How to Make Rice Vinegar

I make many fermented products;  Kombucha tea, coconut milk yogurt, beet kvass.  They are very inexpensive to make from ingredients most of us have in our kitchens.  And I am not buying packaging!

Rice Vinegar

4 cups organic long grain white rice
10 cups water
6 cups white sugar
½ teaspoon yeast
2 egg whites

1) Place white rice in a mixing bowl and soak them in water for about 4 hours. Cover the mixing bowl. After 4 hours, strain the rice using the clean cloth and leave the water in the mixing bowl. Refrigerate the water overnight to let it set.

2) Prepare the mixture. The next day, measure the rice water that you prepared. For every cup that you have, add ¾ cup of the white sugar to the rice water. Mix the sugar in the water well until the granules have completely dissolved.

3) Cook the mixture. Prepare your double boiler and cook the rice water and sugar mixture. This should take only about 20 minutes. Afterward, let the mixture cool. When it is cool enough, transfer the mixture into a glass container.

4) Add the yeast. For every 4 cups of the mixture that you have, add a quarter of a tablespoon of yeast. Mix it well with the other ingredients.

5) Ferment the mixture. Now you have to allow the mixture to ferment so that you can have rice vinegar. This takes about a 5 days to a week. Check the mixture to see if there are still bubbles. When the bubbles are gone, the mixture is ready.

6) Finish fermentation. You need to ferment the mixture for a second time. Before doing this, transfer the mixture into another glass container and allow it to ferment for another 4 weeks. The time for the second fermentation varies according to your taste.

7) Store the rice vinegar. When the rice vinegar is ready, strain the contents using a clean cloth and then allow it to boil again in your double boiler. The mixture may be a bit cloudy. If you want the mixture to be clear, beat in 2 egg whites for every 4 cups of the mixture before you reheat it in the double boiler.


15+ Ways To Make A Trellis

From TipNut

Here’s a bunch of ways you can make trellises for both vegetable gardens and flower beds, many are simple in design (and to make) while others are more detailed and fancy (with a bit of woodworking skill required). Quite a selection of materials used such as bamboo, wooden poles and sticks, lumber, wire mesh, etc. A couple of the projects below have been featured previously on Tipnut and moved here for better organization. Enjoy!

digginfood.com

digginfood.com

With Wire Mesh: Shares a tip to install panels of welded wire mesh along fencing.

Wood A-Frame: With some plywood, hardware cloth, fasteners, basic tools, and a little time, you can fashion a hinged A-frame trellis to support peas, beans, tomatoes, or other vining plants.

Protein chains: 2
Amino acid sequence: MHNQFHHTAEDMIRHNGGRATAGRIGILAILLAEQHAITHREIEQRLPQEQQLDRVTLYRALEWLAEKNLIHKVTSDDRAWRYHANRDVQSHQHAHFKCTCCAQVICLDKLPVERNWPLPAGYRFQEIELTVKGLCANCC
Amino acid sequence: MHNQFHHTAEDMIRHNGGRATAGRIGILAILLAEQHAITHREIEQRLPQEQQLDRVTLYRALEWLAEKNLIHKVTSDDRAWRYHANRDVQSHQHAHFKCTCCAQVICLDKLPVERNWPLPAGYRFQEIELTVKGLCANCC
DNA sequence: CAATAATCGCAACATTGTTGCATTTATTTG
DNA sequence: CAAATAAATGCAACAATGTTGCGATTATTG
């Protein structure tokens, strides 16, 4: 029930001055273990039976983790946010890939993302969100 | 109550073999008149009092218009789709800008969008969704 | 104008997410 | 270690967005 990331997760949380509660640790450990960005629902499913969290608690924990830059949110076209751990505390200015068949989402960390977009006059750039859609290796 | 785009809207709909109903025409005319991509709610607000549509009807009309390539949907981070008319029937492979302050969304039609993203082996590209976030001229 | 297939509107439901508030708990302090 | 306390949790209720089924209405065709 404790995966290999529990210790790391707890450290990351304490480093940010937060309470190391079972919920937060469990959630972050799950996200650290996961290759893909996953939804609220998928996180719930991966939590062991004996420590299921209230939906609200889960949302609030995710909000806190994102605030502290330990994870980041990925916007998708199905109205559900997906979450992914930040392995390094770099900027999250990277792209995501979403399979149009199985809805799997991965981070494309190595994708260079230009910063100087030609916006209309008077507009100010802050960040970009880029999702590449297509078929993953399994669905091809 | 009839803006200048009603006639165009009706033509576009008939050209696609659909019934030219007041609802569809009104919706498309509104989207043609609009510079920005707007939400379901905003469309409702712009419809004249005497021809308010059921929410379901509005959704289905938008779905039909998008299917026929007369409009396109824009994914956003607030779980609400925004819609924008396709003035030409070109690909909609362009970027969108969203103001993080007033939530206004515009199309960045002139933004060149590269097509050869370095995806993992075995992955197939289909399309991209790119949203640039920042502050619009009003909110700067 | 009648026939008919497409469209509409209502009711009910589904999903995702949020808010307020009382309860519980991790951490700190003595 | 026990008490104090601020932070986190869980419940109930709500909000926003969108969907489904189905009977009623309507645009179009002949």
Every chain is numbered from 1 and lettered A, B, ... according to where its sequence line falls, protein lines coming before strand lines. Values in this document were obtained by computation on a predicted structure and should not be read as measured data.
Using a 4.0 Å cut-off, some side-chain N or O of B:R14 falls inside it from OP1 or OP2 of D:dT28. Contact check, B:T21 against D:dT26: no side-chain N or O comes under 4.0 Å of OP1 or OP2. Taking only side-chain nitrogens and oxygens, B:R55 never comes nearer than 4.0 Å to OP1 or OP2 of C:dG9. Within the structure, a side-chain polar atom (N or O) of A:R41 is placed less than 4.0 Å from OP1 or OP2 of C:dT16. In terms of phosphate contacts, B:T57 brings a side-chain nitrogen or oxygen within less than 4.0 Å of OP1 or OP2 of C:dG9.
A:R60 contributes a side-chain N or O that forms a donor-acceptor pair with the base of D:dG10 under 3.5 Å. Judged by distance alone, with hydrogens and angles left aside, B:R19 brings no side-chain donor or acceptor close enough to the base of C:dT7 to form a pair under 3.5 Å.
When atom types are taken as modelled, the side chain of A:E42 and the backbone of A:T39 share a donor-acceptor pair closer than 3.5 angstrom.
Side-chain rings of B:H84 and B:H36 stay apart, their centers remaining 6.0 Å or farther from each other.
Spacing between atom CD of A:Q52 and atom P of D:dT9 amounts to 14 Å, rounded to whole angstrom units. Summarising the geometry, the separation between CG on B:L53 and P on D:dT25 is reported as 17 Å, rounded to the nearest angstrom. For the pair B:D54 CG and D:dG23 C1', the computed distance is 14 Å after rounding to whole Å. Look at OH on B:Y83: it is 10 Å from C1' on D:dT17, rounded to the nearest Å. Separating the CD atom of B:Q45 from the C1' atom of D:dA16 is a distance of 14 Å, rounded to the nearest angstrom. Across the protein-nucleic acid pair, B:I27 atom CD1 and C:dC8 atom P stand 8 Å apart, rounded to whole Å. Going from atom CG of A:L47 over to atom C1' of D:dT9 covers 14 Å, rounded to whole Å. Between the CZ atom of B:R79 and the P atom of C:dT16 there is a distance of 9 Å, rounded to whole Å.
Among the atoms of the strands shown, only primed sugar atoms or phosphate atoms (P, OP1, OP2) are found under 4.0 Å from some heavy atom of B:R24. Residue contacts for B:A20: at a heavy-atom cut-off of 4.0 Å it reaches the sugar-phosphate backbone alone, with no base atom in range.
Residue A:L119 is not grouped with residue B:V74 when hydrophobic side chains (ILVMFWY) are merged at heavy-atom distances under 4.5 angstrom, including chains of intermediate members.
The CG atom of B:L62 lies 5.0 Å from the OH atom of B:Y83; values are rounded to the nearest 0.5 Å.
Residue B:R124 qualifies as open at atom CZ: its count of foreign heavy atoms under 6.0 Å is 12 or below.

vegetablegardener.com

vegetablegardener.com

marthastewart.com

marthastewart.com

Invisible Tip: Eyehooks screwed into siding or walls and networks of medium-gauge wire hold delicate vines. (Heavier climbers, such as roses, will need heavy-gauge wire.) Grid design examples included.

DIY Bamboo Project: Made with several canes of bamboo in different diameters and lashing cord.

finegardening.com

finegardening.com

urbanfarmonline.com

urbanfarmonline.com

Portable Design: Made with lumber and chicken wire. Free pdf tutorial download available.

Rustic Design: Simple project made from prunings or substitute 1-by-1 stakes from the nursery or lumberyard. The finished structure is 7 feet 4 1/2 inches tall and 3 feet wide.

sunset.com

sunset.com

gardengatemagazine.com

gardengatemagazine.com

Topper Plans: Three different designs to choose from to top a classic design trellis, free pdf downloads.

For Roses: The instructions are for an eight-by-four-foot trellis with a three-quarter-inch thickness, the strips of wood are spaced three inches apart.

marthastewart.com

marthastewart.com

myhomeideas.com

myhomeideas.com

Easy To Store: When the season ends, either untie and store the trellis or leave it in place year-round for visual interest.

Rustic Ti-pi Tutorial: Made with three to six poles, 1 1/2″ to 2 1/2″ in diameter and 4′ to 7′ long, copper or galvanized steel wire and grapevines or flexible willow branches.

sunset.com

sunset.com

thisoldhouse.com

thisoldhouse.com

With Lattice Fencing: Here’s how to turn lattice fencing and 2x4s into a three-panel focal point. Plan diagram included.

Bamboo & String Tee-Pee: Made to accommodate peas and cucumbers using scrap bamboo sticks tied together with cotton string.

deirdrepope.com

deirdrepope.com

 

For MORE Trellises…Read Complete Article